Our 2020 Water Leaders class
completed its year with a report outlining policy recommendations
for adapting California water management to climate change.
The class of
23 up-and-coming leaders from various
stakeholder groups and backgrounds – engineers, attorneys,
planners, farmers, environmentalists and scientists - had
full editorial control to choose recommendations.
Winter weather is finally arriving in Northern California. And
after weeks of dry, warm conditions and growing drought
concerns, it’s coming in hard. Forecasters say a sizable storm
— the first significant atmospheric river event to hit the
greater Bay Area this winter season and likely the biggest
storm in at least 12 months — will soak much of California
starting Tuesday night, continuing Wednesday, and bringing wet
roads, downed trees, power outages and the possibility of
As wildfires, heat waves, water scarcity and threats to
wildlife intensify in the West, California’s effort to confront
these environmental crises now has support in Washington, a
stark change from the past four years. Even as former President
Donald Trump spent his final days in office on the sidelines,
lamenting his election loss, his administration continued to
roll back environmental conservation and gut climate
The dry 2020 and the lack of snow this season has water
managers in seven states preparing for the first time for
cutbacks outlined in drought contingency plans drafted two
years ago. A sobering forecast released this week by the
Bureau of Reclamation shows the federally owned Lake Mead and
Lake Powell — the nation’s two largest reservoirs and critical
storage for Colorado River water and its 40 million users —
dipping near-record-low levels.
California water issues are notoriously complicated by a
massive diversity of users, ecosystems, applications and
futures. Indeed, water in the Delta has been described as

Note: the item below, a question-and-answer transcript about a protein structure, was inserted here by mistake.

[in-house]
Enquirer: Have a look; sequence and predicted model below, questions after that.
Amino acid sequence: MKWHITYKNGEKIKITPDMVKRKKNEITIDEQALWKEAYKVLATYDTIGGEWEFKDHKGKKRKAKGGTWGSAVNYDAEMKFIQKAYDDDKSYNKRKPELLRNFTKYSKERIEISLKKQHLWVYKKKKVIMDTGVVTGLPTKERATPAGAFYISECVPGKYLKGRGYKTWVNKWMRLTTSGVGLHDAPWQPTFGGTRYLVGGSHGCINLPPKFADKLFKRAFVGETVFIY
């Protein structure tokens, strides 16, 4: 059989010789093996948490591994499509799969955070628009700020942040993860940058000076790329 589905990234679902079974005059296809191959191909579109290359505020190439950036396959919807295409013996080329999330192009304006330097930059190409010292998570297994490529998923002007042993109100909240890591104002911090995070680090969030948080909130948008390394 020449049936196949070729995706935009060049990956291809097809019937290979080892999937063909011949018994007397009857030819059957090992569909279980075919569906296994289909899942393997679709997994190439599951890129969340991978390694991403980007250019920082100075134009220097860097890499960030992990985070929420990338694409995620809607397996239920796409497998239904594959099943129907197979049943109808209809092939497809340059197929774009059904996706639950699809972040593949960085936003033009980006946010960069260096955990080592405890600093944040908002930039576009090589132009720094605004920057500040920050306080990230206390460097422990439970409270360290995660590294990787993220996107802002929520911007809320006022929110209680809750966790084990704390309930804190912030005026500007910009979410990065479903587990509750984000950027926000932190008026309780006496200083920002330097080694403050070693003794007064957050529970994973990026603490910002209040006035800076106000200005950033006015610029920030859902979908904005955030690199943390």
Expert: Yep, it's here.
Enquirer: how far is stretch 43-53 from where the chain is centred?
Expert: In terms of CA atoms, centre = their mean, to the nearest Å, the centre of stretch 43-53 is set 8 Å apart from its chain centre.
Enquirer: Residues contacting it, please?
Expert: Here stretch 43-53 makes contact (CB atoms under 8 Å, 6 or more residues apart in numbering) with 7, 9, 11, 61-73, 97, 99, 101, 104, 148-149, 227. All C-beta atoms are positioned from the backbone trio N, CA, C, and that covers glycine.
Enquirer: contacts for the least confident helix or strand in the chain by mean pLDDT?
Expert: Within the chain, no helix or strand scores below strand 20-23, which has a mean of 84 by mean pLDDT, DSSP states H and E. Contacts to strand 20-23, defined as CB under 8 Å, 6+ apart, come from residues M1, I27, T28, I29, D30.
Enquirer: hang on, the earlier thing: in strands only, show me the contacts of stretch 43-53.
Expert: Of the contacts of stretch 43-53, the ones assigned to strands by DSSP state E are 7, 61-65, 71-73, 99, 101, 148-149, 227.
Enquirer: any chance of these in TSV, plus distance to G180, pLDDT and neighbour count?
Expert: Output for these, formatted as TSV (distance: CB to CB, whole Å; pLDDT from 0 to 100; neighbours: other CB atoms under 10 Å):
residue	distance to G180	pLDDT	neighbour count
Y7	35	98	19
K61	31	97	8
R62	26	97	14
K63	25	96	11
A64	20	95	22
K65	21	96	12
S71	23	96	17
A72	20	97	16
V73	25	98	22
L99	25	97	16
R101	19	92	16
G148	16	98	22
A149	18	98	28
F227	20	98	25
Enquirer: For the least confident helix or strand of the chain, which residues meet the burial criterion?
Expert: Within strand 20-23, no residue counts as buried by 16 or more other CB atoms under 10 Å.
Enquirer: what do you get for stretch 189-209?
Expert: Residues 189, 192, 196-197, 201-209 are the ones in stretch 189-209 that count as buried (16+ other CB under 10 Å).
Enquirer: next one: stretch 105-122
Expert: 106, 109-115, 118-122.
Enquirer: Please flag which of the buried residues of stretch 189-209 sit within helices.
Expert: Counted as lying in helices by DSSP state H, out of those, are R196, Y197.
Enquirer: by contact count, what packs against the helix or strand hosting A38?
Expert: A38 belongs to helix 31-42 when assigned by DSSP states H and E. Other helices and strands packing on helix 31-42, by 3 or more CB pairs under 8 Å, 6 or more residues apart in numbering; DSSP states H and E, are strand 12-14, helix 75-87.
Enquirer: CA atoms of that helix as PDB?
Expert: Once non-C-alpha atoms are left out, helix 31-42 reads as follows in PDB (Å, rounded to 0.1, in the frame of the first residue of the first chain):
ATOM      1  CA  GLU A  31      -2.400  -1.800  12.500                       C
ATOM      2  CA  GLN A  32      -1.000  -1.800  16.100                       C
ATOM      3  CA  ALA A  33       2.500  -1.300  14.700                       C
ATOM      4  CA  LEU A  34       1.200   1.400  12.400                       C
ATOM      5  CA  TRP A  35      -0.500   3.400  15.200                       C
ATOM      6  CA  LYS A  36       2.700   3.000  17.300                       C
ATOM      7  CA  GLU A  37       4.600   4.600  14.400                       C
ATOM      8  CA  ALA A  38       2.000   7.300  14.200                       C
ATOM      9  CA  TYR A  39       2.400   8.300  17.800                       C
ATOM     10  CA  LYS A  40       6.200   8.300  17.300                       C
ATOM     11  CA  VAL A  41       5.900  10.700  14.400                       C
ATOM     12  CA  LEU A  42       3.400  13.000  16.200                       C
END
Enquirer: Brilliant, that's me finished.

a “wicked problem” indicating that these problems cannot
be ignored and defy straightforward characterization and
solutions. Below we highlight how a Swiss cheese model might be
applied to vexing long-term declines in native fish populations
Wetlands are among the most important ecosystems in the world.
They produce high levels of oxygen, filter toxic chemicals out of
water, sequester carbon, reduce flooding and erosion, recharge
groundwater and provide a
diverse range of recreational opportunities from fishing and
hunting to photography. They also serve as critical habitat for
wildlife, including a large percentage of plants and animals on
California’s endangered species
As part of the historic Colorado River Delta, the Salton Sea
regularly filled and dried for thousands of years due to its
elevation of 237 feet below sea level.
The most recent version of the Salton Sea was formed in 1905 when
the Colorado River broke
through a series of dikes and flooded the seabed for two years,
creating California’s largest inland body of water. The
Salton Sea, which is saltier than the Pacific Ocean, includes 130
miles of shoreline and is larger than Lake Tahoe.
Drought— an extended period of
limited or no precipitation— is a fact of life in California and
the West, with water resources following boom and-bust patterns.
During California’s most recent drought, from 2012–2016, much of
the state experienced severe drought conditions – significantly
less precipitation and snowpack, reduced streamflow and higher
No portion of the West has been immune to drought during the last
century and drought occurs with much greater frequency in the
West than in any other regions of the country.